Drip, drip, drip… the constant drops of other people’s words, expectations, behaviour and actions, worrying about my friends and family. Juggling things in my personal life. Trying hard to block out the overwhelming difficulties of what’s happening globally. So many are struggling and hurting. I also have ongoing doctors and hospital appointments to try and pinpoint what’s going on with my health. It all adds up.

I’ve also been worrying about an upcoming trip abroad to look after my mum who has dementia. I have a very difficult relationship with her and this trip has made my anxiety skyrocket with each week that passes. I have to keep telling myself to stop thinking the worst about something that hasn’t happened yet. I want to be prepared though, so my inner child doesn’t get hurt time and time again whenever we are in each other’s company. It’s so hard to not let her cruel words pierce my heart and disturb my soul. I must find a way to get through this because I’m the one that is aware of what is going on around me, my mum has lost this ability.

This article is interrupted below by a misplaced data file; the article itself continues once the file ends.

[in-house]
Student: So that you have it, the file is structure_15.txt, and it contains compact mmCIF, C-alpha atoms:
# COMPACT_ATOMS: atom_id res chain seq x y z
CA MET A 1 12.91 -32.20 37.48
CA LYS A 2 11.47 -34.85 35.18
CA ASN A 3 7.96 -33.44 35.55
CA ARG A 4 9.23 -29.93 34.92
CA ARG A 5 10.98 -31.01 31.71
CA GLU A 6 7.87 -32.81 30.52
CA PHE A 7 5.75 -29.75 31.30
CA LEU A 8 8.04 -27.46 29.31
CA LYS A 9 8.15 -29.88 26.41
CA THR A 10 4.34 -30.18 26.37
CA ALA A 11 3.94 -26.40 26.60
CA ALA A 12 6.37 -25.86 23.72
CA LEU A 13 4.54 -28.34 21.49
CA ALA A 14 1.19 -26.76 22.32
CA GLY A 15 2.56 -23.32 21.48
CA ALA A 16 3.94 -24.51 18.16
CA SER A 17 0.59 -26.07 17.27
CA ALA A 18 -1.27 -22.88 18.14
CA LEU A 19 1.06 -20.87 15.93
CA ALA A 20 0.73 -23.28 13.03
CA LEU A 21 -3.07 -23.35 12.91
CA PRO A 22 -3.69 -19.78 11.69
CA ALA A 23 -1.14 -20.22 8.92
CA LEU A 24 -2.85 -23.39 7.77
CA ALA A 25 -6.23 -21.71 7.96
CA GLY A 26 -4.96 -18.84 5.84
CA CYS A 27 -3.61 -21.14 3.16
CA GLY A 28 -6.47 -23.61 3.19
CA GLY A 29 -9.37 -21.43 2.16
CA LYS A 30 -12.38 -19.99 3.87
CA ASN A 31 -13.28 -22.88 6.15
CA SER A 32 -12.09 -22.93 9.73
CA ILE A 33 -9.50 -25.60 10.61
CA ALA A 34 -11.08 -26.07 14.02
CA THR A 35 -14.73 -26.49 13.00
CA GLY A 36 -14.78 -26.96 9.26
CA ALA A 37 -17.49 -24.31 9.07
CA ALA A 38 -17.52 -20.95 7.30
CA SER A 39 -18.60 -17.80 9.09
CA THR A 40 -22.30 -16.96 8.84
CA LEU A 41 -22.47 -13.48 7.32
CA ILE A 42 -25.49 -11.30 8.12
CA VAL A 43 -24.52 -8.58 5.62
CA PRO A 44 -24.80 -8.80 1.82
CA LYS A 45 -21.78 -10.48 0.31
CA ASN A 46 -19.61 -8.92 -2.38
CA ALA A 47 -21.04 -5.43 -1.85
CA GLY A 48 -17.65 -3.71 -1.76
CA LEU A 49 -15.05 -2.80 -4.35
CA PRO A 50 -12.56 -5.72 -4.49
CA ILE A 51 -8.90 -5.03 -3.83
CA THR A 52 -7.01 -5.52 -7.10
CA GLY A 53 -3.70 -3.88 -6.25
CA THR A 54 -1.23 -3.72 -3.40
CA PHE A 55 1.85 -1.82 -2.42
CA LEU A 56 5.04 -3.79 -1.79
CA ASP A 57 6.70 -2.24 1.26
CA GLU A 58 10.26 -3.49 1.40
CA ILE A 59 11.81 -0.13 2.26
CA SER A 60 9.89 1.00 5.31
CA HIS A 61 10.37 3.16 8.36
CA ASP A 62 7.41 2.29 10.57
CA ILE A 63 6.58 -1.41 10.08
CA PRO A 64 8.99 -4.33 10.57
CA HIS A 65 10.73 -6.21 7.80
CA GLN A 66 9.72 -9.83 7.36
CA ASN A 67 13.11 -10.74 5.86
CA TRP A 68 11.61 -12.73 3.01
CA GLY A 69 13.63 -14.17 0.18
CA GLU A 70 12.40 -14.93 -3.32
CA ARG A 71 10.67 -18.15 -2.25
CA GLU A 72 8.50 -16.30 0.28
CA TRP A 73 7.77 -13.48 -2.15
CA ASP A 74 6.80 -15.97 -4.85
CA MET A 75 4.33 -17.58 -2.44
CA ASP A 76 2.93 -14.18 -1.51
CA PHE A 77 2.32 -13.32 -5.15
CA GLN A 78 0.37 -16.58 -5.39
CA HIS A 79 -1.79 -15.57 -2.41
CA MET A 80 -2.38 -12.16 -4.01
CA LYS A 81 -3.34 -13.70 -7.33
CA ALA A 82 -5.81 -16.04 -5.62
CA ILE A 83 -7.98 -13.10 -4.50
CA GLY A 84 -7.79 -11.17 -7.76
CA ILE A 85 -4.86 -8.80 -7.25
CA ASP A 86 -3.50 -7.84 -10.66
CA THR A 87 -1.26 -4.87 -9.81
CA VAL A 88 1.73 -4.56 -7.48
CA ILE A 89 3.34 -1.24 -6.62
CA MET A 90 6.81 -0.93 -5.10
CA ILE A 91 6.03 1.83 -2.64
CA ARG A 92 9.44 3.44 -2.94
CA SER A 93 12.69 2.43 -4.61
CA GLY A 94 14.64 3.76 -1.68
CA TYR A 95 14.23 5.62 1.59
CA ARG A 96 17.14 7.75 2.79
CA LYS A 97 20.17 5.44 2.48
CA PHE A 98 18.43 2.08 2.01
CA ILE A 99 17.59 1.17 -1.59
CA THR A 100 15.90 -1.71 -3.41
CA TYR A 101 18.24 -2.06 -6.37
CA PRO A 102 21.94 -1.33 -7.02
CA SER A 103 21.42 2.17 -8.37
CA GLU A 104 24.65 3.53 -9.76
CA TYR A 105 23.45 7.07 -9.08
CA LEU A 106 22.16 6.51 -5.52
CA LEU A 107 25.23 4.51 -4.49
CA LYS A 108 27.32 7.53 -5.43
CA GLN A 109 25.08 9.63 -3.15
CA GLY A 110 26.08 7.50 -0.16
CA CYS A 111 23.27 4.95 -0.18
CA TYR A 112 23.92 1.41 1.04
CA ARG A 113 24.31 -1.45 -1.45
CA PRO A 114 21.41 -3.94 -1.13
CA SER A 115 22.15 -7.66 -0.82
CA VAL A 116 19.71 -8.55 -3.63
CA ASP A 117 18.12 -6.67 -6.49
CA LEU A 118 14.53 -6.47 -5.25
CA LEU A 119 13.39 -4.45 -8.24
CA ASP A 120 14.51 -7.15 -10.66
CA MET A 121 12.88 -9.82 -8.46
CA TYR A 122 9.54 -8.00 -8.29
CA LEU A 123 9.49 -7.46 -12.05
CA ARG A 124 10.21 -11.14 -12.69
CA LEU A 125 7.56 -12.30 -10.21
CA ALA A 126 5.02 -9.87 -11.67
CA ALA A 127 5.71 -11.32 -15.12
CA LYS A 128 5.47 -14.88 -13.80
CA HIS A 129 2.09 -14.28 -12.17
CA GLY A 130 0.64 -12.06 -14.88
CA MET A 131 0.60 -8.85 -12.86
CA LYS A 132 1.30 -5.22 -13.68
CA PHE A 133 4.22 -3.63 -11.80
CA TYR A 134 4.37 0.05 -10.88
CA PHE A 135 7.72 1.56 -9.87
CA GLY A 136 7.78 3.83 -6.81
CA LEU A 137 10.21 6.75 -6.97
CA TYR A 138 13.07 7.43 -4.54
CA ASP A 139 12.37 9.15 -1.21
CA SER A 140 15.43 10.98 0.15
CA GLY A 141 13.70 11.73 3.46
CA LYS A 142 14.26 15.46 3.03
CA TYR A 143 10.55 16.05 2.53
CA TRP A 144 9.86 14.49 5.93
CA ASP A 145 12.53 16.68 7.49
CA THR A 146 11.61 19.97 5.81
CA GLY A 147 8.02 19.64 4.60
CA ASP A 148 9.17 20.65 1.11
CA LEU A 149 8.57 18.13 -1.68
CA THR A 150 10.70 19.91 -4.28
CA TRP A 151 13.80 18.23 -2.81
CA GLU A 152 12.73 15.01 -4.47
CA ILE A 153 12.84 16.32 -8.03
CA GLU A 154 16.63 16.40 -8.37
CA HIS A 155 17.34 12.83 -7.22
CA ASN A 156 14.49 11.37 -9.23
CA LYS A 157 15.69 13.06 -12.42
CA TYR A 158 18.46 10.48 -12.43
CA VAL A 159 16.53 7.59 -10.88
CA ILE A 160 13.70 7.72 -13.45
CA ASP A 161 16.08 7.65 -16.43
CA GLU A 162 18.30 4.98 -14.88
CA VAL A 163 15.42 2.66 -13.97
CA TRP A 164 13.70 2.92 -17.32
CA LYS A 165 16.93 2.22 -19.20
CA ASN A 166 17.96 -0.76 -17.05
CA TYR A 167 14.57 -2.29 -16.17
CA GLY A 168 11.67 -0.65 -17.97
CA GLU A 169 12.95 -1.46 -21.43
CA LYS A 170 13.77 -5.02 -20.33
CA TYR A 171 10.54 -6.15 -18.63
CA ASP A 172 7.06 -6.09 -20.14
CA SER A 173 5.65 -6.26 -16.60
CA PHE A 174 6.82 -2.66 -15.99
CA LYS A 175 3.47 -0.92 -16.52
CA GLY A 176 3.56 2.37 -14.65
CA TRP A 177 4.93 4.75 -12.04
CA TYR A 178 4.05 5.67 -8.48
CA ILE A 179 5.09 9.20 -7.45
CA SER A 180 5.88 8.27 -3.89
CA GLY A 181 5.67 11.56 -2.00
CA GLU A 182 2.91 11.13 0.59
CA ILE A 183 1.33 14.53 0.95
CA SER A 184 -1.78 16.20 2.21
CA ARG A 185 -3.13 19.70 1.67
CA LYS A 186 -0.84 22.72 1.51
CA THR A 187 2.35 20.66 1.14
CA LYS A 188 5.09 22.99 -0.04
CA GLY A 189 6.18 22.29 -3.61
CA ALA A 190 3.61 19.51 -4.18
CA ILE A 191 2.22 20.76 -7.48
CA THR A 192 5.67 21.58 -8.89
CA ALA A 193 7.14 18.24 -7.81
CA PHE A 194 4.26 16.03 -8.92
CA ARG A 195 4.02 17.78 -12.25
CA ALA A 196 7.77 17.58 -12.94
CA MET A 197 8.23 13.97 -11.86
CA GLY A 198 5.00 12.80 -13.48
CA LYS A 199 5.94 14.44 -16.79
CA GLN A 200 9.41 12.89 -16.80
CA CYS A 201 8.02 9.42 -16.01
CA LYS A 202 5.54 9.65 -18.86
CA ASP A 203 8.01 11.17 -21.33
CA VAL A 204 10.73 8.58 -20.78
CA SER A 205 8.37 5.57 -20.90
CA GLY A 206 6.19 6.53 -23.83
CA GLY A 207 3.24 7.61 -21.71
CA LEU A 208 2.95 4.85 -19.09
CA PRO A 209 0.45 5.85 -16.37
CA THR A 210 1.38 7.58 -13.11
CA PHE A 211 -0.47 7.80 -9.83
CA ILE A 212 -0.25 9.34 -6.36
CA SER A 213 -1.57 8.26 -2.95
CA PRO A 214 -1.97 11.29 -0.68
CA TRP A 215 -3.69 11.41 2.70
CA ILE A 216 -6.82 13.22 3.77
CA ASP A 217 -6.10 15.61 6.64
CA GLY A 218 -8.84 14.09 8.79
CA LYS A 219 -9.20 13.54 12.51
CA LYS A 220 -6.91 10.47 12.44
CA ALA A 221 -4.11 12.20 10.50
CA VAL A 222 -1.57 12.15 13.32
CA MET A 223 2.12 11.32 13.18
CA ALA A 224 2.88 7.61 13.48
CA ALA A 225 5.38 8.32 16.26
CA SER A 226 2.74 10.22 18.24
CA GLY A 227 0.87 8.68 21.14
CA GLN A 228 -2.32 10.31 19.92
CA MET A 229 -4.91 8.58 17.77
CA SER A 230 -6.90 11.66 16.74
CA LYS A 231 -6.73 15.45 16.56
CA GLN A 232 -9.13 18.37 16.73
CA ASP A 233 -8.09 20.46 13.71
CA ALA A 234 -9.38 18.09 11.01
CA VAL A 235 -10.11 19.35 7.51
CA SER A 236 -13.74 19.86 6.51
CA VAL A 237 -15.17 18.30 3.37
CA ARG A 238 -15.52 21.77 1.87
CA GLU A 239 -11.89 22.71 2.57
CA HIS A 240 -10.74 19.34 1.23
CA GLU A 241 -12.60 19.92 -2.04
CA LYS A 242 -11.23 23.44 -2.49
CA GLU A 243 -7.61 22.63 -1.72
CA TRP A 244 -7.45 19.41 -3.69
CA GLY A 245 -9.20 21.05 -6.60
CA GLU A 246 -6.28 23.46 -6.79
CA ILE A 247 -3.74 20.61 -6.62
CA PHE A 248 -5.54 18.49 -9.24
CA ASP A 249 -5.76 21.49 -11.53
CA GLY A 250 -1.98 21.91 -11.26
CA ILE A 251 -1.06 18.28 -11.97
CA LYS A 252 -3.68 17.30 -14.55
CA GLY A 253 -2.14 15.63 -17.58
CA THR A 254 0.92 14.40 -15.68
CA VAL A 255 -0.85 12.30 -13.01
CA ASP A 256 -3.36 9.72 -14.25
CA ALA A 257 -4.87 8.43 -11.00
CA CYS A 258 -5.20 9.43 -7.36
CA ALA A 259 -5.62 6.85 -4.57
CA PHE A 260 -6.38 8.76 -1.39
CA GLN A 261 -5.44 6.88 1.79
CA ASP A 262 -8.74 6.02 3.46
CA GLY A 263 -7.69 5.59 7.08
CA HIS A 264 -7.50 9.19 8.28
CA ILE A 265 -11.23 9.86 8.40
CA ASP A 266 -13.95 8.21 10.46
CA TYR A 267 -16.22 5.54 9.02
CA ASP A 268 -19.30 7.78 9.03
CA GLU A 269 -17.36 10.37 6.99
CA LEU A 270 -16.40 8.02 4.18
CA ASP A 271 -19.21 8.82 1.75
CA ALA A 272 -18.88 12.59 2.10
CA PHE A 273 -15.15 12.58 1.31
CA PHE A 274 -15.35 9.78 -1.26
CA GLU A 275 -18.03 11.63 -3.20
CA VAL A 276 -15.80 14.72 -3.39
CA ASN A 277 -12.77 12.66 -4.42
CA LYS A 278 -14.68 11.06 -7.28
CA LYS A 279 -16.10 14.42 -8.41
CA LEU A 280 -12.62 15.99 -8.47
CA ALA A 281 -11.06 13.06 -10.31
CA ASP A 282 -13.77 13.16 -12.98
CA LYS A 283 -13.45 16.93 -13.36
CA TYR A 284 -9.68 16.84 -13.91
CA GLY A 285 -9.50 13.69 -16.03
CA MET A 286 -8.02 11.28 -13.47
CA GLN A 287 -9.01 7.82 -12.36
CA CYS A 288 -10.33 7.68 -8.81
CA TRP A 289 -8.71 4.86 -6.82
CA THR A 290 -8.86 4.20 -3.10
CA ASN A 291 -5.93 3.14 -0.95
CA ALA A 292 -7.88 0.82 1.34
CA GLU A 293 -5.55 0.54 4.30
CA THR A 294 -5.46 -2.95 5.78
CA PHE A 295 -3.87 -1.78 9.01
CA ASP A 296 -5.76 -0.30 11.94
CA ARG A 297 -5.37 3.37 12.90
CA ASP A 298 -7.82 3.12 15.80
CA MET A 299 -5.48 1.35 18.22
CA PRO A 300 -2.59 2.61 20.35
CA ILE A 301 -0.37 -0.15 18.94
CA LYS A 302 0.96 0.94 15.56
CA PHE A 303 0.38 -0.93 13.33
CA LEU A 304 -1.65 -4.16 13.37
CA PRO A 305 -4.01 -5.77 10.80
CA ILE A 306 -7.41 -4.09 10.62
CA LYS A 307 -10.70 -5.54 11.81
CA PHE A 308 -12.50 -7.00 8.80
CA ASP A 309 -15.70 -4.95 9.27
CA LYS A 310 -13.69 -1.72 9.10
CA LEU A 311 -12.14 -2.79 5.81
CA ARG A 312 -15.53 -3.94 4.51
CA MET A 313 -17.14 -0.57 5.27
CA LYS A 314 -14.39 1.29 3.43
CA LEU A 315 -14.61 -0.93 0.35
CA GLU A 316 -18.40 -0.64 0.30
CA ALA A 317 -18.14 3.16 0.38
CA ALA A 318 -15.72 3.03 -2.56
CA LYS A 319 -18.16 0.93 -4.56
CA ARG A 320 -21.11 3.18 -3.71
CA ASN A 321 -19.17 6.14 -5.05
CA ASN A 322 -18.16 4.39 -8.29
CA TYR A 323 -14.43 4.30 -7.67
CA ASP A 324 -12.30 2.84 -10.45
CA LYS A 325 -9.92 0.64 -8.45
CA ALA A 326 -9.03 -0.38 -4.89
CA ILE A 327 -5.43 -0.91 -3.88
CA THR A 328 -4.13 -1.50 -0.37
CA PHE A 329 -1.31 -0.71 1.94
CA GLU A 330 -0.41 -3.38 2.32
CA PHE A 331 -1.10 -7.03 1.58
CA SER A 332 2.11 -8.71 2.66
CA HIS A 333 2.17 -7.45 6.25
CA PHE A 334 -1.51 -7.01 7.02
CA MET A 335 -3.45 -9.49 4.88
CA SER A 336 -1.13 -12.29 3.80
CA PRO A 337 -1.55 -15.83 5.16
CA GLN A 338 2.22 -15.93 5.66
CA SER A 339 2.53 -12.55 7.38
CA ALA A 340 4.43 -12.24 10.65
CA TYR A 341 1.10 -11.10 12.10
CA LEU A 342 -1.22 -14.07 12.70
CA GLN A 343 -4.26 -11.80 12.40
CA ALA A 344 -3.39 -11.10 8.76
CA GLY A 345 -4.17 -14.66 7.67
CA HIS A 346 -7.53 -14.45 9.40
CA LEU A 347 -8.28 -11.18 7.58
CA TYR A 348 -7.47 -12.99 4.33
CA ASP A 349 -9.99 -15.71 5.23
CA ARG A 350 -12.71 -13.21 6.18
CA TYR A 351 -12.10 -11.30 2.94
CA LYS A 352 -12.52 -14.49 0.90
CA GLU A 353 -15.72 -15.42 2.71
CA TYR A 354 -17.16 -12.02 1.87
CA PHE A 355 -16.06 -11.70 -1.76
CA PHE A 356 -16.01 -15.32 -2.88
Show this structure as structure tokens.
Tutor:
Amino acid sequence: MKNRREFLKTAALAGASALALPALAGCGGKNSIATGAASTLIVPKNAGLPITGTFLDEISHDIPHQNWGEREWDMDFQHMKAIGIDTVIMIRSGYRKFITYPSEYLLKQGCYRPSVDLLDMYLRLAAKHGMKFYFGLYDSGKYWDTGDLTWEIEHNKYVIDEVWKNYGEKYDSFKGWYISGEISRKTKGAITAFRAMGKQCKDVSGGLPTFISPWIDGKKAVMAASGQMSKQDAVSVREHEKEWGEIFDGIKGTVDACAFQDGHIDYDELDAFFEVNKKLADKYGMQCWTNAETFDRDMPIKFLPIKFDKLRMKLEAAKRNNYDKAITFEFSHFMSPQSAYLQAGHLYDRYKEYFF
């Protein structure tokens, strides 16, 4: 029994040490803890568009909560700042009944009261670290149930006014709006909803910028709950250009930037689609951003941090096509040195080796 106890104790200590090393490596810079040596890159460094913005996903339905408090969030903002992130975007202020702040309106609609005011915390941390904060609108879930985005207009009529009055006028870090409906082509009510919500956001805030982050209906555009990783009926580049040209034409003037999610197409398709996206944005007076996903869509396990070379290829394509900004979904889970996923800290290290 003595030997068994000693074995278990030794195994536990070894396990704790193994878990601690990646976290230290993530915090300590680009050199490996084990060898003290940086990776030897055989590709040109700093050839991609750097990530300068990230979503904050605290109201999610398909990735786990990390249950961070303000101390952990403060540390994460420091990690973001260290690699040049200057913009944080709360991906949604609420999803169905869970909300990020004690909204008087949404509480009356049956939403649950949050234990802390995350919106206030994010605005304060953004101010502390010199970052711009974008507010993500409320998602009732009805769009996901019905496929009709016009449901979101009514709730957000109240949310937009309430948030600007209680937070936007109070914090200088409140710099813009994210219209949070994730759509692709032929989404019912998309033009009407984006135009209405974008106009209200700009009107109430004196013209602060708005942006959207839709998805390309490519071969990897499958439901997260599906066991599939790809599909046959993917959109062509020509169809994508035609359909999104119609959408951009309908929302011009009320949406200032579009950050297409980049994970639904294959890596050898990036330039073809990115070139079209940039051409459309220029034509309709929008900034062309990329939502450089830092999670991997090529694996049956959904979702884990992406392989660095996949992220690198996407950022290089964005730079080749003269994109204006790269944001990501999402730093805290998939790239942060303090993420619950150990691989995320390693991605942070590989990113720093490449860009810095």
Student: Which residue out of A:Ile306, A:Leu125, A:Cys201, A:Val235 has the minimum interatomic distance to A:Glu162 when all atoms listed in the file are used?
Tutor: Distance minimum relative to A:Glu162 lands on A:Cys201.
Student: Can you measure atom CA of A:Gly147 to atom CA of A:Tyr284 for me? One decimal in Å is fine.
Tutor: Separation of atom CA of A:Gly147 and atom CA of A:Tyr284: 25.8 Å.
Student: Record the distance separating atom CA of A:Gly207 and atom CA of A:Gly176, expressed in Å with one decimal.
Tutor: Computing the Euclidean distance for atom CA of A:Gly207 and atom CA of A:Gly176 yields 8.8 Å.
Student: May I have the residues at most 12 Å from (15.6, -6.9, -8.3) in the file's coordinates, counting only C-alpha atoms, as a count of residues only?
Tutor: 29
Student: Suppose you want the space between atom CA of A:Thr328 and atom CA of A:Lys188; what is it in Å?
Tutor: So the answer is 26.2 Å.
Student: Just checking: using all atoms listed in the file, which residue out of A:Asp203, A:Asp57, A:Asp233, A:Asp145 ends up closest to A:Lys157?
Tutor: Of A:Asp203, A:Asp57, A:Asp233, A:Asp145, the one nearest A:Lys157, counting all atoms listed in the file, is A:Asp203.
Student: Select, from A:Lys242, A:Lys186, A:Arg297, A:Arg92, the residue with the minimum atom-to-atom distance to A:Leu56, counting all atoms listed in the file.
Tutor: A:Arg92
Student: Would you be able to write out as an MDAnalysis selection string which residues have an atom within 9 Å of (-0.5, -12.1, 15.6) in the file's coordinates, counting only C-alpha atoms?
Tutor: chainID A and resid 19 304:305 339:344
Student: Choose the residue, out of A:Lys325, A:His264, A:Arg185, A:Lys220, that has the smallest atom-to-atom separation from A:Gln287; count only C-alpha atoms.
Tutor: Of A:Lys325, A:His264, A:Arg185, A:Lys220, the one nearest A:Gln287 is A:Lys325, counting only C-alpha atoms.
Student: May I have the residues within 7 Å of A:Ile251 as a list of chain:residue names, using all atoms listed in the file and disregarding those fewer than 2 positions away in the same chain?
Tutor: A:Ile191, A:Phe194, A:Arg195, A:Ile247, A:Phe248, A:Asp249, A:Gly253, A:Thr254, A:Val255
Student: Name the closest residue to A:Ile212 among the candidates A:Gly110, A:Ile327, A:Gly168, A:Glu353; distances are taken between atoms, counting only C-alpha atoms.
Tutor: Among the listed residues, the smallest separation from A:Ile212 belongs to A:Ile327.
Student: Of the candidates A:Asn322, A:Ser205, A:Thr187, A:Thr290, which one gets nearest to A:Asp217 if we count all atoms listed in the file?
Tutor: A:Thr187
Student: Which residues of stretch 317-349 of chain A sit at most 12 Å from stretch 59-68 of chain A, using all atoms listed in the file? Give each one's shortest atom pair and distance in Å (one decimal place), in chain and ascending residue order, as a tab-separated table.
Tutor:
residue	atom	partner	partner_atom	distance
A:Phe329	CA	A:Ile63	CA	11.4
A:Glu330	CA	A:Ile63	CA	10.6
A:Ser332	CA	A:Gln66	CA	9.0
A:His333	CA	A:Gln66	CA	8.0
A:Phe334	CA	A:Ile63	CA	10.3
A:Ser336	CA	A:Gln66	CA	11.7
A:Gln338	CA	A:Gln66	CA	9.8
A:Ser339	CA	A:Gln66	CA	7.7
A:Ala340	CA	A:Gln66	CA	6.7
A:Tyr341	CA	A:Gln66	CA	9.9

I must be strong, I must be kind and I must be patient. I also need to prioritise my wellbeing.

I’ve made an effort to eat better and to make time to exercise regularly which always makes a big impact to my mental health. It’s hard though, when you’re exhausted from the mental battle that you fight every day. Trying to muster up some energy to exercise – it does make a difference so I put on some music and push myself or I go for walk around the block. Making myself move is important so I don’t just sit on the sofa and stare blankly at the walls.